It’s a joint effort

I met Claudio Russo when I was working at Harlequin. He worked on the Dylan team and we worked together a little when he was implementing a CORBA ORB. He later moved to Microsoft Research Cambridge and I occasionally browse through his publications on such interesting topics as SML.NET and GADTs. Ages ago I read the paper on the Joins library which came about as a portable expression of some of the constructs of the experimental C-omega language. Recently, joins support was added into an experimental version of the Visual Basic compiler.
The joins idea is fairly straight forward. We make instances of join points which we communicate with via channels. The join point can be told what function to call when values are available on a subset of its channels. Communication with the join point via the channel can be synchronous or asynchronous. In the synchronous case the value of the executed function defined on the join point can be returned to the client. In the asynchronous case, no value is returned.
Let’s try a quick example.
#I "C:Program FilesMicrosoft ResearchJoins LibraryAssemblies";;
#r "Microsoft.Research.Joins.dll";;
open Microsoft.Research.Joins;;
We allocate a join point.
let join = Join.Create();;
We define a synchronous method which communicates a string to the join point, and returns an int result from any function that gets executed on the values.
let get= Synchronous<int>.CreateChannel<string>(join);;
We define another method that communicates a string. This is asynchronous, so it will not wait for the join point to execute any functions.
let put = Asynchronous.CreateChannel<string>(join);;
Let’s define a method on the join point. This waits until get and put channels have pending values, at which point it prints the two strings and returns the sum of their lengths.
type StringPattern = JoinPatterns.JoinPattern<int>.OpenPattern<string,string>;;
   fun a ->
     fun b ->
       printfn "Arg1: %s" a;
       printfn "Arg2: %s" b;
       a.Length + b.Length));;
get and put are realised as delegates. The syntax for calling them in F# isn’t as consise as it C#, so we’ll need to use the Invoke. In a real example we’d encapsulate them into new functions. We can push multiple values into the put channel.
> put.Invoke "hello";;
val it : unit = ()
> put.Invoke "mum";;
val it : unit = ()
As soon as we push a value into the get channel, the function on the join point is triggered, returning a result.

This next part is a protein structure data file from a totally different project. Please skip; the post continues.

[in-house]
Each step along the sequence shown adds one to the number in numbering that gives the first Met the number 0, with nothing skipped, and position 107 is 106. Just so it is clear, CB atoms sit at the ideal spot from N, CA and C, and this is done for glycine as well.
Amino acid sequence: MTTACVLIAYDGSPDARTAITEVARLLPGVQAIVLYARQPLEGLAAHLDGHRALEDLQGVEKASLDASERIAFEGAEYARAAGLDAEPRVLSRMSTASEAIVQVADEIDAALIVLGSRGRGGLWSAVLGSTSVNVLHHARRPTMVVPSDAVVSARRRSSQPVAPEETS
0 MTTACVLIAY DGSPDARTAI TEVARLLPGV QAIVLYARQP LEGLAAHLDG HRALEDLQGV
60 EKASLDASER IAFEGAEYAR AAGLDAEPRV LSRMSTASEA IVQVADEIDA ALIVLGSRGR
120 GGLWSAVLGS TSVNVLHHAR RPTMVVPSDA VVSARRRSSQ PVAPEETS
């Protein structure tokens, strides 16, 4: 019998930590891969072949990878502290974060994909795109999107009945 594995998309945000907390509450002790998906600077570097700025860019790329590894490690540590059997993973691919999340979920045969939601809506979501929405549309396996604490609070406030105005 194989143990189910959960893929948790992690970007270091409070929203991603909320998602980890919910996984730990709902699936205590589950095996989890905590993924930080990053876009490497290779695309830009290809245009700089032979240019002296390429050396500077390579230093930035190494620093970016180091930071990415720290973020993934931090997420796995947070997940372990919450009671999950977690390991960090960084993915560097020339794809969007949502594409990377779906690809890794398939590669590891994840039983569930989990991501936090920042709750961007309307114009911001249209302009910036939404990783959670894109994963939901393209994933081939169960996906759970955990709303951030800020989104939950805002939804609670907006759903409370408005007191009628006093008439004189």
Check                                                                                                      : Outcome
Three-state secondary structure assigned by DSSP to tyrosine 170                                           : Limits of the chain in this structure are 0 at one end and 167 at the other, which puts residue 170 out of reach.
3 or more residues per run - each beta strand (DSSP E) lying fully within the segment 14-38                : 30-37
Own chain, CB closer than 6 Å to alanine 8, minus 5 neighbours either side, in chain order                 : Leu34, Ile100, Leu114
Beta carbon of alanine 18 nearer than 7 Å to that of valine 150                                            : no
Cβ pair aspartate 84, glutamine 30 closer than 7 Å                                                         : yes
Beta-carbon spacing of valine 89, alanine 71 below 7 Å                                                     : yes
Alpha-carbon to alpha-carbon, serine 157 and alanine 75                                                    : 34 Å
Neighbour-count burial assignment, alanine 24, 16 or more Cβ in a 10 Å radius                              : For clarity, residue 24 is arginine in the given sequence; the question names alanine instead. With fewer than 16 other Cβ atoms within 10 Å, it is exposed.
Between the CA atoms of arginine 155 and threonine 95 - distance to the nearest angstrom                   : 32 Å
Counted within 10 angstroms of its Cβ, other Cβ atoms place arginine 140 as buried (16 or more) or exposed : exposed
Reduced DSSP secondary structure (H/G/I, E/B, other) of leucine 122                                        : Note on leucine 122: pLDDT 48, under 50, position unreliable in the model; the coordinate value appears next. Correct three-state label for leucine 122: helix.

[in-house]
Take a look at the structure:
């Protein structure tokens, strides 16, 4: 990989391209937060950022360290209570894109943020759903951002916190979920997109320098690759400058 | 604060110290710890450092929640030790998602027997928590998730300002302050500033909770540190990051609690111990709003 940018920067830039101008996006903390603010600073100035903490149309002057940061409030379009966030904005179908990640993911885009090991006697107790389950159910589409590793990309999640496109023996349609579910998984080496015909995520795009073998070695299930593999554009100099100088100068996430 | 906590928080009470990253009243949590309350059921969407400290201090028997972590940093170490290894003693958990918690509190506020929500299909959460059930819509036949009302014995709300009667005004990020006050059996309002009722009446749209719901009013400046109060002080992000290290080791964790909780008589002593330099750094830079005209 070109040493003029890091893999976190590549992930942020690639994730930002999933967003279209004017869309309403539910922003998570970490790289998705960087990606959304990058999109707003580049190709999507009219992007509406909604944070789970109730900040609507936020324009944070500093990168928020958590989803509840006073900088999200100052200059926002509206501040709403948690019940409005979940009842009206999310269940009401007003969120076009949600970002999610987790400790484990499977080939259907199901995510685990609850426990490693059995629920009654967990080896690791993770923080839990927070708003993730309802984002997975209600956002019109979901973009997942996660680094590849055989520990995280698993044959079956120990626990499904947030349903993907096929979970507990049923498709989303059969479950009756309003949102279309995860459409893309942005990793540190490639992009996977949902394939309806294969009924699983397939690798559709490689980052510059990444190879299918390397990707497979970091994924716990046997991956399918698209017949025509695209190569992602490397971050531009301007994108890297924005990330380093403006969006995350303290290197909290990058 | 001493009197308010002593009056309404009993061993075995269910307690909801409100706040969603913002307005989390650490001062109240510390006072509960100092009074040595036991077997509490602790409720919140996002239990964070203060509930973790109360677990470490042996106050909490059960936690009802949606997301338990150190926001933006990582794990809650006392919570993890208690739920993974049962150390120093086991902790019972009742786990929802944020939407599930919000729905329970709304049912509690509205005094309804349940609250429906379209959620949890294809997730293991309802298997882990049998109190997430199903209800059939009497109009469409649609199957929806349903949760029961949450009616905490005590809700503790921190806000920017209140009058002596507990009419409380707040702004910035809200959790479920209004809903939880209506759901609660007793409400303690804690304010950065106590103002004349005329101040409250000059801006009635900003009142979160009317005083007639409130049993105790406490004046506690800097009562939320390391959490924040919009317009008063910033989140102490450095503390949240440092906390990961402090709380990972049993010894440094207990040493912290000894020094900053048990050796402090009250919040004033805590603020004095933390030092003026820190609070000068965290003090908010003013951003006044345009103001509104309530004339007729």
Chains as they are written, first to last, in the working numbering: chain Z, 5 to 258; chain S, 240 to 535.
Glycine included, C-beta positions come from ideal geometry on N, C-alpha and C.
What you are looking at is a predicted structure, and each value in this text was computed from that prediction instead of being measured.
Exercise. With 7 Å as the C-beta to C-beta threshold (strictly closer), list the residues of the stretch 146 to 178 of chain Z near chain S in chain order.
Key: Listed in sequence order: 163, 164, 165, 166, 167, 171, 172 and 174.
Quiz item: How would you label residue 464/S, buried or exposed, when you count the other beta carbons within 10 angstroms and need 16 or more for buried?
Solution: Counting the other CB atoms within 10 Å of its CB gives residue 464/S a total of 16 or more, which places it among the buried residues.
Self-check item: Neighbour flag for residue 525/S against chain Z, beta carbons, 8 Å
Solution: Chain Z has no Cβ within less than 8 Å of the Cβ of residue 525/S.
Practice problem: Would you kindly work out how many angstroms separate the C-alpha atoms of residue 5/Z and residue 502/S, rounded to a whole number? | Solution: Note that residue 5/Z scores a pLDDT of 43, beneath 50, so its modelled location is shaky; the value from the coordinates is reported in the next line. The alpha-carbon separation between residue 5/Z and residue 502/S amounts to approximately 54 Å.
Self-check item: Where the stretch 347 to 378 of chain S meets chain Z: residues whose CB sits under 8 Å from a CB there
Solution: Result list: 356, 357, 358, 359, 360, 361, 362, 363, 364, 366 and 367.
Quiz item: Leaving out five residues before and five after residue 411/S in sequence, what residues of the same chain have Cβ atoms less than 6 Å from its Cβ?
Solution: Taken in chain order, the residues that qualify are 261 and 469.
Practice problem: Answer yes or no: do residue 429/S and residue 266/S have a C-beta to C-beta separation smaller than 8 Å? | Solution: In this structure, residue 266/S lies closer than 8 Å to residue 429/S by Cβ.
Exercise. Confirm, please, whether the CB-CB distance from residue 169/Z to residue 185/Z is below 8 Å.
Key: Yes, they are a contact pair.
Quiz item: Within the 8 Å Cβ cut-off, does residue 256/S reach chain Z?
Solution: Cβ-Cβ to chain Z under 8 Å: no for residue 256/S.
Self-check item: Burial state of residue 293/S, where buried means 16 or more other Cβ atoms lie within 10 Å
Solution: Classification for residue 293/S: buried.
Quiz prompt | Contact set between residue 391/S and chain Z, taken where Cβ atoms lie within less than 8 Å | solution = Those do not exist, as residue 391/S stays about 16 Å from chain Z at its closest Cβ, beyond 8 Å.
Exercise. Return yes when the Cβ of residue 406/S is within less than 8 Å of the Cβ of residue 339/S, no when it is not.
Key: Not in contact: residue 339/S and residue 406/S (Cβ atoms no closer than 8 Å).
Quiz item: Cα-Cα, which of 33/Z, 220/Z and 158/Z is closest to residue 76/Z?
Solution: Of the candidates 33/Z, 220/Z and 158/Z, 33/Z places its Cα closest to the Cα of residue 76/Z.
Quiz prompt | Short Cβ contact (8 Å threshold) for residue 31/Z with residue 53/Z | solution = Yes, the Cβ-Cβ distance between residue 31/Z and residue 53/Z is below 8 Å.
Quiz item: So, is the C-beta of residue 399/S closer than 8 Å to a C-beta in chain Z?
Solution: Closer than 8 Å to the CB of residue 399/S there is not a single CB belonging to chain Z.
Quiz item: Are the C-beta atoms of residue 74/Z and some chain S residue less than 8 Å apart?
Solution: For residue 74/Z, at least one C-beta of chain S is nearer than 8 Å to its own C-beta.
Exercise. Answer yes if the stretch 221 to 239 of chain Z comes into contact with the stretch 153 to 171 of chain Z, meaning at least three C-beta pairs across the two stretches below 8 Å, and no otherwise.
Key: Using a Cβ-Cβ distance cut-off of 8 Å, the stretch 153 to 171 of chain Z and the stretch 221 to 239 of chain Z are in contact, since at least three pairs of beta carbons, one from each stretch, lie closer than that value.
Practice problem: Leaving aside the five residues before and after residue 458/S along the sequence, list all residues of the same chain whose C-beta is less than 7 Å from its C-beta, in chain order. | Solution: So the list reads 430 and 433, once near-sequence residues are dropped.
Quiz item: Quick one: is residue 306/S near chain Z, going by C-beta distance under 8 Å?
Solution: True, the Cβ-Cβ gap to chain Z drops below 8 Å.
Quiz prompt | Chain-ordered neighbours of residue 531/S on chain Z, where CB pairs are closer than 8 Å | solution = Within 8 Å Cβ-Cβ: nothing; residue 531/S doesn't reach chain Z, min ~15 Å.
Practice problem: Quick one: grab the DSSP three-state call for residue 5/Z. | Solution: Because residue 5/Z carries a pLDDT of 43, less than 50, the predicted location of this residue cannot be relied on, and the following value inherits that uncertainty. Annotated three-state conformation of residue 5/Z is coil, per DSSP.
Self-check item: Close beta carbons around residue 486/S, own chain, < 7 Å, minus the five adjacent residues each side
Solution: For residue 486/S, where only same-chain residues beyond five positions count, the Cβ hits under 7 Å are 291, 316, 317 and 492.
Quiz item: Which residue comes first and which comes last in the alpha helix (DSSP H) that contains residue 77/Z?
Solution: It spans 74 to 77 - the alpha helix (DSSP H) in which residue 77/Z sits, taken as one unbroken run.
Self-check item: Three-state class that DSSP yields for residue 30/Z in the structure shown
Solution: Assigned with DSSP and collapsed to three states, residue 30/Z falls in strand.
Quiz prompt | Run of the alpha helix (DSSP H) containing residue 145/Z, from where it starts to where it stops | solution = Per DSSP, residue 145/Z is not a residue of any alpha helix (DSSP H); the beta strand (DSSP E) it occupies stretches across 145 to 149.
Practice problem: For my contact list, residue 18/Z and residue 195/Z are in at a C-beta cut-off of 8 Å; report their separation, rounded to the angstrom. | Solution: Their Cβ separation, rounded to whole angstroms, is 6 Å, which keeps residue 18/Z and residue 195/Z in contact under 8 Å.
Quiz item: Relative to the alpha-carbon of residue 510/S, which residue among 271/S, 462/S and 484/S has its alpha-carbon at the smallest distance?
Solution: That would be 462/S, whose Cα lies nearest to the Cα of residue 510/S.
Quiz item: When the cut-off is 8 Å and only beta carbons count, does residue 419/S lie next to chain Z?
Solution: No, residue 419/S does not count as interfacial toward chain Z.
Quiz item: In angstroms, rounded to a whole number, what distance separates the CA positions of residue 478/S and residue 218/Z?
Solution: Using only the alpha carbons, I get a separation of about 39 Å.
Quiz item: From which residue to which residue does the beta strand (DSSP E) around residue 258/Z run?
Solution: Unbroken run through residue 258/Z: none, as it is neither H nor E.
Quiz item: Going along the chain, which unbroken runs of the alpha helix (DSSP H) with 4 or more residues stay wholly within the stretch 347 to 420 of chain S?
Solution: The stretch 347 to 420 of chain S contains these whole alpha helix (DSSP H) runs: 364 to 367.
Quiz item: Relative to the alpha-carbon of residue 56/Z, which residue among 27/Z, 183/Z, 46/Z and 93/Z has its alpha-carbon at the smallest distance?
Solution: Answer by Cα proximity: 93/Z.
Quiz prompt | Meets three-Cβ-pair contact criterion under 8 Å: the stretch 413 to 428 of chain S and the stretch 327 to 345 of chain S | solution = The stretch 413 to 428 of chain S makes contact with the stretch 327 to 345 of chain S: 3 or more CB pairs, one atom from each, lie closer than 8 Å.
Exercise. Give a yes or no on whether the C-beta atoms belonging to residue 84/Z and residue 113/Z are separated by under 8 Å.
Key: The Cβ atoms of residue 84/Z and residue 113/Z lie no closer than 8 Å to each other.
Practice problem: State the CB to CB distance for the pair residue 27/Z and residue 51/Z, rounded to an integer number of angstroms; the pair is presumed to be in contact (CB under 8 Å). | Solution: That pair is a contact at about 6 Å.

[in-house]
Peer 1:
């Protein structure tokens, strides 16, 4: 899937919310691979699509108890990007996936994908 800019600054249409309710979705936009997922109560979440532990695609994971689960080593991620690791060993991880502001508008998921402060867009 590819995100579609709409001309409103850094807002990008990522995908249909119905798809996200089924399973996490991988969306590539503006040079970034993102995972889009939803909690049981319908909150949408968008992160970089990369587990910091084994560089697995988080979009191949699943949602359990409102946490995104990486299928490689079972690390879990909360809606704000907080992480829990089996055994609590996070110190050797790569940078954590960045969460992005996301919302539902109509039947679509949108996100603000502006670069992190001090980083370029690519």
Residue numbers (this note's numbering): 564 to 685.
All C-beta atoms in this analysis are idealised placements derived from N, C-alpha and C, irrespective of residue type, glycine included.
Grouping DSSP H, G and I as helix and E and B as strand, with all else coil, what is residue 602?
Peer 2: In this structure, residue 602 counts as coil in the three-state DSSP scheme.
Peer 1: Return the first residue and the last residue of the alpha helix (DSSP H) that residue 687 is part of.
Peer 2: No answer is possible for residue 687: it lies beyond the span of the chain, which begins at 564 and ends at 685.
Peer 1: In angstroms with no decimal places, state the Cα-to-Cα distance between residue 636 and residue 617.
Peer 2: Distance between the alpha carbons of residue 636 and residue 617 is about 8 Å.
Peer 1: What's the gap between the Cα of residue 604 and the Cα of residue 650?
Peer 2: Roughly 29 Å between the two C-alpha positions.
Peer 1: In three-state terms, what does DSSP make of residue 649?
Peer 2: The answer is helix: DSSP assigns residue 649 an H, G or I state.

> get.Invoke "how";;
Arg1: how
Arg2: hello
val it : int = 8
We didn’t lose the second value we pushed. It was buffered in the channel.
> get.Invoke "are";;
Arg1: are
Arg2: mum
val it : int = 6
Get is synchronous so it will block if a function cannot be triggered. In the following example, the thread calling the get is blocked until the background thread executes.
  fun _ ->
    put.Invoke "another");;
get.Invoke "you";;
As a slightly less contrived example, we can implement a standard one element buffer. We’ll have put and get channels as well as a channel for denoting that the buffer is empty and a channel for holding on to the buffered value.
let buffer = Join.Create();;
The get channel will be used for returning the string value from the buffer. If no value is present it will block until a value is ready.
let bufferGet : Synchronous<string>.Channel = Synchronous<string>.CreateChannel(buffer);;
We can synchronously put values into the channel.
let bufferPut = Synchronous<string>.CreateChannel<string>(buffer);;
We need two internal channels. The first signals when the buffer is empty.
let bufferEmpty : Asynchronous.Channel = Asynchronous.CreateChannel(buffer);;
And the second channel contains the value that is held by the buffer.
let bufferContains = Asynchronous.CreateChannel<string>(buffer);;
If the buffer is holding a value in its Contains channel and someone calls Get, then we return the value and put ourselves back into the empty state.
type BufferFetchPattern = JoinPatterns.JoinPattern<string>.OpenPattern<string>;;
   fun a ->
If the buffer is empty and a value is added to the Put channel, then we capture it in the buffer.
let response = BufferFetchPattern.Continuation<string,string>(fun x -> (bufferContains.Invoke x; x));;
The buffer is initially in the empty state.
bufferEmpty.Invoke ();;
> bufferPut.Invoke "1";;
val it : unit = ()
> bufferGet.Invoke ();;
val it : string = "1"
If we try to put into a filled buffer, then the put operation blocks.
> bufferPut.Invoke "2";;
val it : string = "2"
> bufferPut.Invoke "3";;
– Interrupt
> bufferGet.Invoke ();;
val it : string = "2"
Get will also block until a value is ready for us to fetch.
  fun _ ->
    bufferPut.Invoke "another";
bufferGet.Invoke ();;
The joins page  and the slide deck contain more details of the implementation and numerous examples such as how actors can be implemented in this model.

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